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GAIA : Smart engineering for sharp astrometry focus

With extreme precision and extreme stability as design drivers, Gaia is a concentrate of technological firsts.

Gaia’s astounding acuity – the mission aims to pick out celestial objects one million times fainter than the human eye can see – is achieved by more than 100 light-detecting sensors, like minuscule digital cameras, mosaicked together to form the largest ever space-bound focal-plane array (nearly a billion pixels packed onto a surface of 0.38m2).

Channelling the light onto the focal-plane array are two telescopes with primary mirrors set at an angle of 106.5° to each other for a wide-field view. Despite the spacecraft’s modest dimensions (the payload module is 3.5m in diameter), an ingenious method of bouncing the collected light through a series of 10 mirrors of different shapes and sizes means that the telescopes’ effective focal length is extended to 35m. Thus Gaia can ‘see’ objects 400,000 times fainter than those visible to the naked eye.

The data from Gaia’s three instruments (taking astrometric, photometric and spectroscopic measurements) should provide a pinpoint location for each star mapped with an error margin of only six microarcseconds, equivalent a penny on the surface of the moon, as viewed from Earth.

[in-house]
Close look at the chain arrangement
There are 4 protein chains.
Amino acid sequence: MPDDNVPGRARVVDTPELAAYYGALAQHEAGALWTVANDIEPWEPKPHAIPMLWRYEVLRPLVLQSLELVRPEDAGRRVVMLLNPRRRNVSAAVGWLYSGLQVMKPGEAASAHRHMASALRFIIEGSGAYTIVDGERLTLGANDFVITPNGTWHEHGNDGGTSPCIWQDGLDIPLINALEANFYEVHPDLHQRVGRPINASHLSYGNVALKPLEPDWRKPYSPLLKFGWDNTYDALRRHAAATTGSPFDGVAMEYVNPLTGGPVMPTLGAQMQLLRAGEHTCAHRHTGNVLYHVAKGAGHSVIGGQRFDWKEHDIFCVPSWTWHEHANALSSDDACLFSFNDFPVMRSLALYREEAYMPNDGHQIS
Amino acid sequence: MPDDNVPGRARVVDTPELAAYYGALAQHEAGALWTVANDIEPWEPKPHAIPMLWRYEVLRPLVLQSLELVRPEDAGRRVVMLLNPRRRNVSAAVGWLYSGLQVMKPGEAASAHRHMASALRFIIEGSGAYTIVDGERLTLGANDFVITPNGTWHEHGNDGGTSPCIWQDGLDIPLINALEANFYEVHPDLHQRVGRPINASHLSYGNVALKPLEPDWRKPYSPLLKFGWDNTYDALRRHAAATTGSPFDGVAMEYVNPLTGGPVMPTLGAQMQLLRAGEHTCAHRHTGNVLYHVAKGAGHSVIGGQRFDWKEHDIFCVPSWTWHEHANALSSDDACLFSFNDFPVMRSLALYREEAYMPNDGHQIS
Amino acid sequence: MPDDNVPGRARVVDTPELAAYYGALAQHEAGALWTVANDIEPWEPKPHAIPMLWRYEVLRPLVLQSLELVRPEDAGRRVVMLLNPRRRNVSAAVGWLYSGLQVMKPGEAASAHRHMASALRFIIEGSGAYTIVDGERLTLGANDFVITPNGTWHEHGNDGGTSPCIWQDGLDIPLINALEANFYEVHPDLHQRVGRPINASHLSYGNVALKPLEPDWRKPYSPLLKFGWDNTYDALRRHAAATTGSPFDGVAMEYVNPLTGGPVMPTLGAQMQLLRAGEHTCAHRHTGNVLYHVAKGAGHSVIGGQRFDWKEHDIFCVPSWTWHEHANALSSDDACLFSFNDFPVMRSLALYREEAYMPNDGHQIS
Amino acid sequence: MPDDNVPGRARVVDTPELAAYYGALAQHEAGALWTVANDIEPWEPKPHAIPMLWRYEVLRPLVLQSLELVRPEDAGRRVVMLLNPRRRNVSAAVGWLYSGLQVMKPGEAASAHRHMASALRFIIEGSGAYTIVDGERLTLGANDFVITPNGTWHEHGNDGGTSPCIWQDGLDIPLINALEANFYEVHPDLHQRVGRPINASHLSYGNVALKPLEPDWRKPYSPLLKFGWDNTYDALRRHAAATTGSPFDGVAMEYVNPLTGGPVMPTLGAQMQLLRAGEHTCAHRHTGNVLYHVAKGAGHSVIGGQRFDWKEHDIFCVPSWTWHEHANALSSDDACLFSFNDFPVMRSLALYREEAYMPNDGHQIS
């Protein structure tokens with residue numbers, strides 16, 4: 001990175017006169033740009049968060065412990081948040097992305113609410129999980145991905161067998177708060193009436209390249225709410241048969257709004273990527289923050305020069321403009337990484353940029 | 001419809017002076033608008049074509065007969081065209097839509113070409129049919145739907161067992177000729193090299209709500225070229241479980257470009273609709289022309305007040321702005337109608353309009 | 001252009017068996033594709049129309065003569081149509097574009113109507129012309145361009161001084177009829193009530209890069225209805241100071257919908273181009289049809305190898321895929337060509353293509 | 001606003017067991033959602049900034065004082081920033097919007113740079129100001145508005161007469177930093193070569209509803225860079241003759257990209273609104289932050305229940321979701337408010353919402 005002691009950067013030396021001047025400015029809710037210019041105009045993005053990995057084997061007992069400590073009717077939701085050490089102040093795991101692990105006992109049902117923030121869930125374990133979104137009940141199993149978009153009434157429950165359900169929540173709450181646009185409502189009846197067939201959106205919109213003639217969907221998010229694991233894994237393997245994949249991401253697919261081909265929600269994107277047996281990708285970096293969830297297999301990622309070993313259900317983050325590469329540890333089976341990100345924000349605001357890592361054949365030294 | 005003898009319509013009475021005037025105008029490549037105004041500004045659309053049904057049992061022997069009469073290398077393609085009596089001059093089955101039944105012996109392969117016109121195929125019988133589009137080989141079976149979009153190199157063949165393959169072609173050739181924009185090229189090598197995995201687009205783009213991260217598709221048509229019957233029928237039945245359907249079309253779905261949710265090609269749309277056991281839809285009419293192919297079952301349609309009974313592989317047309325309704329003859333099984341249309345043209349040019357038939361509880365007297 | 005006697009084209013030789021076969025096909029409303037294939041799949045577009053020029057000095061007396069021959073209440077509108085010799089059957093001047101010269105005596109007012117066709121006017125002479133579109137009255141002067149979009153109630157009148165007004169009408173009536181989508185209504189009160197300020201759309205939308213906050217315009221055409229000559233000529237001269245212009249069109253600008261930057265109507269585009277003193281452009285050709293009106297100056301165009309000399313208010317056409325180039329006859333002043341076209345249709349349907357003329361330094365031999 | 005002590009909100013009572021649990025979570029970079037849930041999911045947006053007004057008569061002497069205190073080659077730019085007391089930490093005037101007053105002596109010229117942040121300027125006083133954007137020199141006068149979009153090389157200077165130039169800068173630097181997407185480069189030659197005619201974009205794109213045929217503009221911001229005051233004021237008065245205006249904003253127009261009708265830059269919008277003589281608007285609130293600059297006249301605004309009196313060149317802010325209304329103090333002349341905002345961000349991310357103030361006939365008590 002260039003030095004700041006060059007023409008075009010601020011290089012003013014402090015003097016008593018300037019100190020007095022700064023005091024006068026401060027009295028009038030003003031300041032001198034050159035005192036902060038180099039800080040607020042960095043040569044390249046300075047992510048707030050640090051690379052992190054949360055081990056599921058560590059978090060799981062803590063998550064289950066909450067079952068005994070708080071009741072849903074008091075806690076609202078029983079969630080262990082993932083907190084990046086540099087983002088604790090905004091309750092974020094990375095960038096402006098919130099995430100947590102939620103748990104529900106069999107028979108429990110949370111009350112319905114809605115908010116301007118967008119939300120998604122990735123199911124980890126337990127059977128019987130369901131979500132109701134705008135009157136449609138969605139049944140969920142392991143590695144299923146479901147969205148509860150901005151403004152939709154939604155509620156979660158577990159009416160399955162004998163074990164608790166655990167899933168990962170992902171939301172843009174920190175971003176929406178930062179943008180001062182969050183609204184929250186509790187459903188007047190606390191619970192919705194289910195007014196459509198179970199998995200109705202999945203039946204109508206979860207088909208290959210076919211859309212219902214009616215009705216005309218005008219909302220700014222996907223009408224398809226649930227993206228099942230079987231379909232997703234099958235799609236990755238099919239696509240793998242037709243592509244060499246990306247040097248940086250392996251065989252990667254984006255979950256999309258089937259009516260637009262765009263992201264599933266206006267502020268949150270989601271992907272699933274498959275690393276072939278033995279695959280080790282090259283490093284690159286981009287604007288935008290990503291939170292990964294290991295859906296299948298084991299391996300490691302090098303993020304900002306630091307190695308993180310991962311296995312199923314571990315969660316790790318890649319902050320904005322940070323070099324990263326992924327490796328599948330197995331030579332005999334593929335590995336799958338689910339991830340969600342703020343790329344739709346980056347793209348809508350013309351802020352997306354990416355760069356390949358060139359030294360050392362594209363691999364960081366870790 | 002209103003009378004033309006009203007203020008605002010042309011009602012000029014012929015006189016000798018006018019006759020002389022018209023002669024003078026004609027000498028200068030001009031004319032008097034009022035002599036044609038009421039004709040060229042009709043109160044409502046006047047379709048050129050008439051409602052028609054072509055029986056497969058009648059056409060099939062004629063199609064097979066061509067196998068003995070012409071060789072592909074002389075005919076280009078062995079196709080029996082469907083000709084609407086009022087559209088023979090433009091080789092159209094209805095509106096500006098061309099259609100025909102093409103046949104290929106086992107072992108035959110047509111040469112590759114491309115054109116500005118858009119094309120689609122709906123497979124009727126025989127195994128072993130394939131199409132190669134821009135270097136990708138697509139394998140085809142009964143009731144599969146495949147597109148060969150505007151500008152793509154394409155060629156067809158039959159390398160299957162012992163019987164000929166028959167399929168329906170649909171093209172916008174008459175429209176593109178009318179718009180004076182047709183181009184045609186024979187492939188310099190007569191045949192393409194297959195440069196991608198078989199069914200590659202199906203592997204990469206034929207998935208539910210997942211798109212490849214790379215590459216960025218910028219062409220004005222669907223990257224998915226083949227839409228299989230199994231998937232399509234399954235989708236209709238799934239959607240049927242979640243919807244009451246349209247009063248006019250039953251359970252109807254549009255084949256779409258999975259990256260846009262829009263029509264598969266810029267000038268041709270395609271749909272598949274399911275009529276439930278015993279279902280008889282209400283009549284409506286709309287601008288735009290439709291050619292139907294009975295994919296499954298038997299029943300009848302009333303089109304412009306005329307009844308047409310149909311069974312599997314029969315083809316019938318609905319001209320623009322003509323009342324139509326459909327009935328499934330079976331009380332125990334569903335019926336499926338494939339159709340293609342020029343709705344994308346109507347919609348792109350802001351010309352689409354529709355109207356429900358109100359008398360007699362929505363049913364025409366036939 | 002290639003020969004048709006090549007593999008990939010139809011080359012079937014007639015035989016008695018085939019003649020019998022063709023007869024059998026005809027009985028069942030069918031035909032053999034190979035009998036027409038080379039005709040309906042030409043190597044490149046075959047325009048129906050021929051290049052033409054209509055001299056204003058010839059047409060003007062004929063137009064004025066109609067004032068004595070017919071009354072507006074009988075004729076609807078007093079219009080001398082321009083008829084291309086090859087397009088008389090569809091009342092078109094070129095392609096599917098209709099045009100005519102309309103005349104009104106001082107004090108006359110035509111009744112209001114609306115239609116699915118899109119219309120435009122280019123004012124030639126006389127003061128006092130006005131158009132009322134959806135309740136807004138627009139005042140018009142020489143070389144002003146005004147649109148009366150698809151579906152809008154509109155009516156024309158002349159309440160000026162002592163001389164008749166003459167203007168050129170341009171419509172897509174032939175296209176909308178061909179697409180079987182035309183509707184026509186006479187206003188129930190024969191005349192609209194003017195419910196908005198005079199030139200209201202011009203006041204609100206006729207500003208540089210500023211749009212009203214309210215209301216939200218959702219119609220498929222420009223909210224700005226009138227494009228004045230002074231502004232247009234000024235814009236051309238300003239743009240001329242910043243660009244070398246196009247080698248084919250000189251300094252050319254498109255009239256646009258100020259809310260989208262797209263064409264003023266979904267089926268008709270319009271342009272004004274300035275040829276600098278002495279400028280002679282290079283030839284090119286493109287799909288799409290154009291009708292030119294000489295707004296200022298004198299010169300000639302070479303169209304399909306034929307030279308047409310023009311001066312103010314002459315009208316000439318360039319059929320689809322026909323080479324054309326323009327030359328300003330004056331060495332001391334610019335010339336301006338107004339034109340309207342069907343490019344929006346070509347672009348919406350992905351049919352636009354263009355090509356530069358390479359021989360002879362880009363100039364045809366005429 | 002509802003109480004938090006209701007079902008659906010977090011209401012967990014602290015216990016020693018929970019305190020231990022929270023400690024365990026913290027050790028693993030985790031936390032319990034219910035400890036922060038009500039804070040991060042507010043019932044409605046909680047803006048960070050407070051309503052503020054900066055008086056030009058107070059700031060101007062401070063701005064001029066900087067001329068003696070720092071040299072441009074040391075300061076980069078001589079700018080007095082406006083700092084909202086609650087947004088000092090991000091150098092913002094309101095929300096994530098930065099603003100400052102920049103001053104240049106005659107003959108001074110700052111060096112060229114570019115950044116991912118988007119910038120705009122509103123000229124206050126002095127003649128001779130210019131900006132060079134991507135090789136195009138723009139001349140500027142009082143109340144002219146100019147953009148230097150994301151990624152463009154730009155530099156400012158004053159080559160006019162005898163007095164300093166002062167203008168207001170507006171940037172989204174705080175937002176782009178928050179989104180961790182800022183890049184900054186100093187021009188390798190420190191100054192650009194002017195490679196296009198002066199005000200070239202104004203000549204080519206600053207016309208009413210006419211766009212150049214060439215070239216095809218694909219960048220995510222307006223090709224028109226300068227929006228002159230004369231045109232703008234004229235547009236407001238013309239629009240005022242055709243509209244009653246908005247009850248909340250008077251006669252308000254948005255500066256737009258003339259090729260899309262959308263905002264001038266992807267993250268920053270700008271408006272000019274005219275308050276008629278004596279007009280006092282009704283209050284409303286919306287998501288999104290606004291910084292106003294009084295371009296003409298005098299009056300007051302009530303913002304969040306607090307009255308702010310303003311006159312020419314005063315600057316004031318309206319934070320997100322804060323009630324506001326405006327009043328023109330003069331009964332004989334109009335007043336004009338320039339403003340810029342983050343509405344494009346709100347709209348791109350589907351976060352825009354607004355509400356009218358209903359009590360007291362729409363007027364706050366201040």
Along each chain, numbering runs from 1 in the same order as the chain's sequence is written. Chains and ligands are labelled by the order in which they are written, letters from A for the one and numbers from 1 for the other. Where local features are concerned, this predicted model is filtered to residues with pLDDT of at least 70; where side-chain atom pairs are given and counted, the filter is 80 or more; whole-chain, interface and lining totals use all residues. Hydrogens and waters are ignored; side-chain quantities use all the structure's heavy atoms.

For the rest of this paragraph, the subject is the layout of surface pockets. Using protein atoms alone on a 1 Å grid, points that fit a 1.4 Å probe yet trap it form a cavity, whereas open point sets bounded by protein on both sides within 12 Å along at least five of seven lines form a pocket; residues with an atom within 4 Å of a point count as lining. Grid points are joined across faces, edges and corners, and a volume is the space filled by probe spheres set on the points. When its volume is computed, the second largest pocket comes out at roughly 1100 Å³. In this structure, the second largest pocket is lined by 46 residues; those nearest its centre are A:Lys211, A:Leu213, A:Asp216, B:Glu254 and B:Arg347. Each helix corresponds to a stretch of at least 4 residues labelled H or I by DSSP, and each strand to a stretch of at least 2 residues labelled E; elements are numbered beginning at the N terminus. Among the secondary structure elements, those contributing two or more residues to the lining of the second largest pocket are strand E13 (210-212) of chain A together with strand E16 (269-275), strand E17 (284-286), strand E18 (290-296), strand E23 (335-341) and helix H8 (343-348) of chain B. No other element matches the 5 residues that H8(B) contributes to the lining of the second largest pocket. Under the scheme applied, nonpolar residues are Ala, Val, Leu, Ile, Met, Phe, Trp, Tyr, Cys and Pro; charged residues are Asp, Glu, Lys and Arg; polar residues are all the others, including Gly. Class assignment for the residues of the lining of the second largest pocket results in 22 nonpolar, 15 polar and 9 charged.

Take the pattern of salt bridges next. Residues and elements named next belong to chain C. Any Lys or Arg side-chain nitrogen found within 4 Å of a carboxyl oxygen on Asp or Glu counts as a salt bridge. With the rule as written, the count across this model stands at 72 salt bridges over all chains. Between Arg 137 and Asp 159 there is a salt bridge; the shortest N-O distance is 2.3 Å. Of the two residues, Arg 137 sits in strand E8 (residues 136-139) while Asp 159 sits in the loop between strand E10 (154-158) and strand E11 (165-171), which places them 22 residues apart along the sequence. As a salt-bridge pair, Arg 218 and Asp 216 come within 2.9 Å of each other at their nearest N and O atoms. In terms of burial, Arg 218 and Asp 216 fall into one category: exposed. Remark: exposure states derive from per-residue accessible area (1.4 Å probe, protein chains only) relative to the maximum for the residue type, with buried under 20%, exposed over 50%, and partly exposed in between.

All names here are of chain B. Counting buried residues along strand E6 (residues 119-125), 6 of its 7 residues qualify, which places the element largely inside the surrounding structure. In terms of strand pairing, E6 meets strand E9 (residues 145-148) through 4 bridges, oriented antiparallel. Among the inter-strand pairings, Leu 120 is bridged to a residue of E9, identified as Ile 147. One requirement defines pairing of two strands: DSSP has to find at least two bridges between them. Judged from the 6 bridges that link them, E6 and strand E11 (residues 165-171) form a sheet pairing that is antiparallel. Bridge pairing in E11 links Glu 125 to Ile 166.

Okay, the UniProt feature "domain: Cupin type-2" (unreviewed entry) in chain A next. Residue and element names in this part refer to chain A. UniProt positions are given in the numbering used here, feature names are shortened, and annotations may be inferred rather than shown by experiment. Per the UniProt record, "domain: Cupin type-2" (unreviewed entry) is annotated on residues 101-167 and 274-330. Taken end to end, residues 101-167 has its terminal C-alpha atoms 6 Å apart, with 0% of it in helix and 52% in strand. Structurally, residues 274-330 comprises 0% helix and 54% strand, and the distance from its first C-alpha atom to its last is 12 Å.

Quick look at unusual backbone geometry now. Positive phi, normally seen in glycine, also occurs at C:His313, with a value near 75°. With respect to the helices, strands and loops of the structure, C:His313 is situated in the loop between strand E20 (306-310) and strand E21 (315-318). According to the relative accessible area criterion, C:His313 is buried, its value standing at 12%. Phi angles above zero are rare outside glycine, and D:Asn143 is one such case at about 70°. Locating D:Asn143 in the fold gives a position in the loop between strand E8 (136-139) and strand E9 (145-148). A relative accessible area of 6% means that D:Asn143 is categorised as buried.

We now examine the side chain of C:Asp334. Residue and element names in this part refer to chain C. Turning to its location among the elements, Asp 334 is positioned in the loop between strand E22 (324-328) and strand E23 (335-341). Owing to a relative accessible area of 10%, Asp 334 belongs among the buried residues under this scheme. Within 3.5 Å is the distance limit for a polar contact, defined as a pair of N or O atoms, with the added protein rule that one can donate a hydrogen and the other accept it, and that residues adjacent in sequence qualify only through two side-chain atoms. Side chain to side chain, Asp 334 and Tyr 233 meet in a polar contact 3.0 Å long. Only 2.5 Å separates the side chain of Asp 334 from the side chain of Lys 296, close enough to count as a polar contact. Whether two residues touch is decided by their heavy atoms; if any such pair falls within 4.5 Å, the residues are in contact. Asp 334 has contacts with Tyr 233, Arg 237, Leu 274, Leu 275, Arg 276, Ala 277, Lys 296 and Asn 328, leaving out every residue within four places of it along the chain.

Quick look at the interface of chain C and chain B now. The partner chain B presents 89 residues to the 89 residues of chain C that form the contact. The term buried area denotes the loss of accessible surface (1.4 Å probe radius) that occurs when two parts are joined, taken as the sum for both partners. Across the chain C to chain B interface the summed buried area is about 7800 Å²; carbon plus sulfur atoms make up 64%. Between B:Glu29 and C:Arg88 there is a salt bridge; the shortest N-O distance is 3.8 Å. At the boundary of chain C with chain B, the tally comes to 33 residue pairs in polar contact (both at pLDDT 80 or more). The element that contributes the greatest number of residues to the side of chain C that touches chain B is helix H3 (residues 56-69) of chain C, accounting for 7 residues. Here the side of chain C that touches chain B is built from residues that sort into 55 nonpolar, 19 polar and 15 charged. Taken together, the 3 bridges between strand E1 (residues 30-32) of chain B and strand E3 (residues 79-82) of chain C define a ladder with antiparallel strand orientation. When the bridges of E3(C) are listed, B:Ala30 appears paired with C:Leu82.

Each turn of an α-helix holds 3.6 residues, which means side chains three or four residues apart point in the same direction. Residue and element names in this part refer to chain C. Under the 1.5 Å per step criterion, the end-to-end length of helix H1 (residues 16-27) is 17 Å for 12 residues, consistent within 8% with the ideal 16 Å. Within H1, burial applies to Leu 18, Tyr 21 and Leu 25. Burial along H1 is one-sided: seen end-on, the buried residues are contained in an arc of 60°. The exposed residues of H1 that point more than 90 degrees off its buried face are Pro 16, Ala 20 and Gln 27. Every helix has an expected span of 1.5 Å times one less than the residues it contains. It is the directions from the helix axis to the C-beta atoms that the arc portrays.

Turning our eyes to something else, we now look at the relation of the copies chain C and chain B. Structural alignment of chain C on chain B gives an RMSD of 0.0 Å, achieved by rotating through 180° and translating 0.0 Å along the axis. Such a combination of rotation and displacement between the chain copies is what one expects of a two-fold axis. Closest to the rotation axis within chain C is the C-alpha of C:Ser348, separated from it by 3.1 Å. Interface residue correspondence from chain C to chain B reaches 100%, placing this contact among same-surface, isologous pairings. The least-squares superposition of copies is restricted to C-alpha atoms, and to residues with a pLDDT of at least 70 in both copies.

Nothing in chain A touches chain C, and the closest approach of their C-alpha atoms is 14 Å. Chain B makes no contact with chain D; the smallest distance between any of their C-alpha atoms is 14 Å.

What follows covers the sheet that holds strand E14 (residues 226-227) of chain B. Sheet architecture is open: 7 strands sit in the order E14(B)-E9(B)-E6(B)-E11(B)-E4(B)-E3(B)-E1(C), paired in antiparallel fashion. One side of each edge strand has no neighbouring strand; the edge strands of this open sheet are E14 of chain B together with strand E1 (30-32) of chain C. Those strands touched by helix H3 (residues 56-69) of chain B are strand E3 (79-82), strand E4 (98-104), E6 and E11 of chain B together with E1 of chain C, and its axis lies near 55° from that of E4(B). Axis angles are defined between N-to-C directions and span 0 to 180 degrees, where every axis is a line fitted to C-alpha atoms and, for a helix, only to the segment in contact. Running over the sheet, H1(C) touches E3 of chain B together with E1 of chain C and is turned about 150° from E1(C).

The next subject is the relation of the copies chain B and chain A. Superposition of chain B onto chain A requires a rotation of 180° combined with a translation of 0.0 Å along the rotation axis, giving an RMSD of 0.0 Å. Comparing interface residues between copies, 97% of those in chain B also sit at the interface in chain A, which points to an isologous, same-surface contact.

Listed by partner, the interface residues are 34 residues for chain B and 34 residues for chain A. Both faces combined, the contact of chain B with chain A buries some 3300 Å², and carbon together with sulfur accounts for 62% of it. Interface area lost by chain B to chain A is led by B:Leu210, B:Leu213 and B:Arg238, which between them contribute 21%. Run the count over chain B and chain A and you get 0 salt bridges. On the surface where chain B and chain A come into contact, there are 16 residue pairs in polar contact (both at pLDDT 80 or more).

Rock-steady stability is crucial for making observations of such minute detail, and this dictated Airbus Defence and Space’s choice of material – silicon carbide (SiC), a ceramic twice as rigid as steel, ultra lightweight, and remarkably resistant to expansion/contraction under temperature change. SiC is the only material which can guarantee the stability, durability and lightness of the probe, and Gaia will be the largest ceramic space instrument ever flown.

There are virtually no moving components on Gaia, to avoid vibration. (Even the Earth-communicating antenna points electronically, not mechanically.) As this ruled out ‘standard’ chemical thrusters, an entirely new type of nitrogen-based thruster for fine attitude pointing which exerts a force as small as a micronewton was specially developed for the mission. You would need a thousand such tiny thrusters to support a sheet of paper

More infos on : From Hipparcos to Gaïa

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